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It is not surprising that many snakes found in the United States are capable of causing great harm to a horse. Thankfully, due to their size and body weight, horses are unlikely to be killed by most snake bites, though serious injury may occur. A variety of factors affect the outcome of a snake bite in a horse. Of course, the type of venom is at the top of this list. Some snakes are far deadlier than others. The location of the bite is another determining factor; bites to the head and face, as well as other areas of major blood supply cause more serious injury than bites to the limbs and general body area. The deadliest spots for a snake bite to occur on the horse include the muzzle, head and neck. While fatalities do happen following venomous snake bites, the sheer size of the horse typically sends most snakes slithering away to another location. Typically, the snake will try and avoid a run-in with a large-sized animal and will give the horse the courtesy of a few seconds to change direction.
If, however, the snake strikes and appears to bite the horse, it’s important for the human to stay calm and take the following steps: try to prevent the horse from looking down at the snake. If riding, signal to the horse to slowly back away. If possible, get a look at the snake for identification purposes, but focus more on the care of the horse. Even the slightest descriptors, such as the color or markings on the top of the snake, can help determine the proper type of antiserum/antivenin.
Horse owners, especially those in regions populated by poisonous snakes, should have a plan and some sort of emergency preparedness kit before setting out on a trail. The quality and type of care administered to the horse in the first hour following the bite may make the difference between life and death. Primary goals include delaying the spread of venom, countering any already absorbed venom, and addressing cardiorespiratory health. If there is any suspicion of a bite from a poisonous snake, arrange for immediate veterinary care. In the meantime, keep the horse as calm as possible. If in an area populated by poisonous snakes, your veterinarian may suggest a dose of epinephrine be kept on hand in case of anaphylaxis.
Horses are one of the most sensitive animals when it comes to snakes bite, followed by sheep, cows, goats and pigs.
The snakes that pose the greatest risk to horses in the United States include rattlesnakes, copperheads, and water moccasins. The greatest risk, including the threat of a possible fatality, accompanies the bite of a Diamondback rattler. Horses will typically come across such a snake on the trail. If the horse steps on the snake, it can release all of its venom into the horse. This not only kills the snake, but also may lead to an immediate breakdown of tissues and blood vessels in the horse. Blood clotting is impaired, and the heart is either damaged or stopped. In the best case scenario, the bite is “dry,” meaning it contains no venom.
As with most animals, it’s difficult to find the “bite site” on the horse due to hair, as well as resistance to even the briefest examination due to pain, fear or shock. The site of the bite should begin to swell and bleed within minutes of the strike, and a close look may reveal fang marks. The most common reaction to a snake bite is shock. Swelling, particularly if bitten on the nose or muzzle, can impede breathing through the nostrils. The horse may experience severe pain, nausea, muscle weakness, and shock directly following the bite. Anxiety can spike the blood pressure, and an increased heart rate will speed the spread of venom throughout the body.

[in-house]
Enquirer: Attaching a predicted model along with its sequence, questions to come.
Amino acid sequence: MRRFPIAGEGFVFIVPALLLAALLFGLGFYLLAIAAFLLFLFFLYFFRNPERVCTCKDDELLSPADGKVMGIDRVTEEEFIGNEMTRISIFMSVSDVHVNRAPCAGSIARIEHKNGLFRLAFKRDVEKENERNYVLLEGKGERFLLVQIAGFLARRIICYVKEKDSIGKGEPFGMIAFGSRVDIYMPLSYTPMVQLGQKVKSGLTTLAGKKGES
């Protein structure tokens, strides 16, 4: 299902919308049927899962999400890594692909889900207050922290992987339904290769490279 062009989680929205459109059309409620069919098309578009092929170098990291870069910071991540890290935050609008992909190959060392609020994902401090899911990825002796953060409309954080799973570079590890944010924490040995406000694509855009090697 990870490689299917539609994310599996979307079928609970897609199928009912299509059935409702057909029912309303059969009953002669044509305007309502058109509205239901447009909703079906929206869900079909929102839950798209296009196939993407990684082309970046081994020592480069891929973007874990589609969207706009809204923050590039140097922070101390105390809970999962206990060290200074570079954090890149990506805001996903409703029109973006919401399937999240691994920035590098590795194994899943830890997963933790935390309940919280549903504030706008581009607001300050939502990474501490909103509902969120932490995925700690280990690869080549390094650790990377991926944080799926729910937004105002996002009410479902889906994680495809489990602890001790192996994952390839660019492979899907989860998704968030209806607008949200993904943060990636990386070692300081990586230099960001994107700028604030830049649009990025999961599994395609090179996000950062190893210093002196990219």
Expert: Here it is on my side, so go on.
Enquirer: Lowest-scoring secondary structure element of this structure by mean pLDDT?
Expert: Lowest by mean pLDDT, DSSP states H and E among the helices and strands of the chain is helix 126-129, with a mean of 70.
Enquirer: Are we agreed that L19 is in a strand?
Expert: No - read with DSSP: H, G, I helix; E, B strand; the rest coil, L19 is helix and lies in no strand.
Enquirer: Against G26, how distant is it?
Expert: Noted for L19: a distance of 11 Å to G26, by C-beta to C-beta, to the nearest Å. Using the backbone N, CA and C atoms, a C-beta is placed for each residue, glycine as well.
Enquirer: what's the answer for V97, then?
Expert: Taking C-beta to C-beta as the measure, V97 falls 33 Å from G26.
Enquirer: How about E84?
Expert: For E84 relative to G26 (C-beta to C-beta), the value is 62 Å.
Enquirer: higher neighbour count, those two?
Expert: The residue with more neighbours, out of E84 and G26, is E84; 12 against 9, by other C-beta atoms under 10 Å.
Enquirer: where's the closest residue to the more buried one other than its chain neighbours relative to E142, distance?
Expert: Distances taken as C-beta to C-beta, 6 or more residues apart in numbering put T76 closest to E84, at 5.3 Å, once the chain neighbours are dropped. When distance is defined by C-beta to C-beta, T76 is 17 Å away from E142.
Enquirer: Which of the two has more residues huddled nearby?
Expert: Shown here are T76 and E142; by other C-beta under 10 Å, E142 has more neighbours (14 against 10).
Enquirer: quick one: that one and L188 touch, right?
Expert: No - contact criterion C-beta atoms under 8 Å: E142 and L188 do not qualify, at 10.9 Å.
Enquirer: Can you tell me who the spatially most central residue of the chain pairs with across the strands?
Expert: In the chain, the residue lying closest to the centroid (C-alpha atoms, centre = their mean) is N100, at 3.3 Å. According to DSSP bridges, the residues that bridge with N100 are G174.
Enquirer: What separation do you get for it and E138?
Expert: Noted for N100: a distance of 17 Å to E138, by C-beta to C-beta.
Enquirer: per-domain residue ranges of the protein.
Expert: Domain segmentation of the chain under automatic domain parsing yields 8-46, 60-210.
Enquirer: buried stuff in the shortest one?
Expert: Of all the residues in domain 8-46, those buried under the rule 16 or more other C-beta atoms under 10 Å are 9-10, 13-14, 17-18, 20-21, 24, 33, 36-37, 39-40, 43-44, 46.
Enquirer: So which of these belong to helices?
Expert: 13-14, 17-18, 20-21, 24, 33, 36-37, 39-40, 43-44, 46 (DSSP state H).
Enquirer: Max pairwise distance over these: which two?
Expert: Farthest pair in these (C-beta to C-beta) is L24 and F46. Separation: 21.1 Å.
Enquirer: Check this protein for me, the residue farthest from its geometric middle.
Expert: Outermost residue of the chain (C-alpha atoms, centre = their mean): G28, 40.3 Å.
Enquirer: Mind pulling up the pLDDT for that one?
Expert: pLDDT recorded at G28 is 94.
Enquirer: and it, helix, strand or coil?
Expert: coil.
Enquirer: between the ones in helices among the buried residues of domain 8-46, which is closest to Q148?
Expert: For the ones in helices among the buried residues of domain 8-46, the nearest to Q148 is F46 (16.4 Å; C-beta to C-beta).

For the veterinarian, diagnosis of the snake bite is straightforward if observed by the owner. Otherwise, a bitten horse will present with additional symptoms that may include a very swollen limb, bleeding at the wound site or signs of shock.
A compression wrap/tourniquet may help slow the spread of venom, though tourniquets on the face are not indicated. Keep the horse calm and the heart pumping naturally until veterinary care comes available. If possible, wash the wound with soap and water. Applying hot or cold compresses is not recommended.
Antivenin is key to the treatment of a poisoned horse, and is effective when administered within 24 hours of the incident. If the bite was observed, any details about the snake’s appearance will guide the choice of product. Veterinary treatment will include fluid therapy, corticosteroids, pain medication, wound care, tetanus and antibiotics.
Once past the acute phase of treatment, the horse should be checked every 3-6 months for subsequent complications such as heart or kidney damage, anemia, or respiratory problems. The horse remains at risk for cardiac failure in the months following the original incident. Vigilance should be maintained during exercise; shortness of breath, exercise resistance and weakness may suggest heart failure.
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Ice ice Baby
0 found helpful
I had a llama get bit by some thing. Her face swelled up and passed away before the vet arrived. I drew blood and had it tested. Will the blood work show any indication if it was a snake that bit her?
Feb. 22, 2018
Ice ice Baby's Owner
Dr. Michele K. DVM
Thank you for your email - I'm sorry for your loss, that is very sad. Labwork probably won't show any abnormalities if she was bitten by a snake, as it seems that it happened very quickly and there would't have been much time for her lab work to reflect changes. Anaphylaxis is more of a systemic problem, if that is what she died of. Your veterinarian may be able to give you more of an idea what might have happened. I am sorry for your loss.
Feb. 22, 2018
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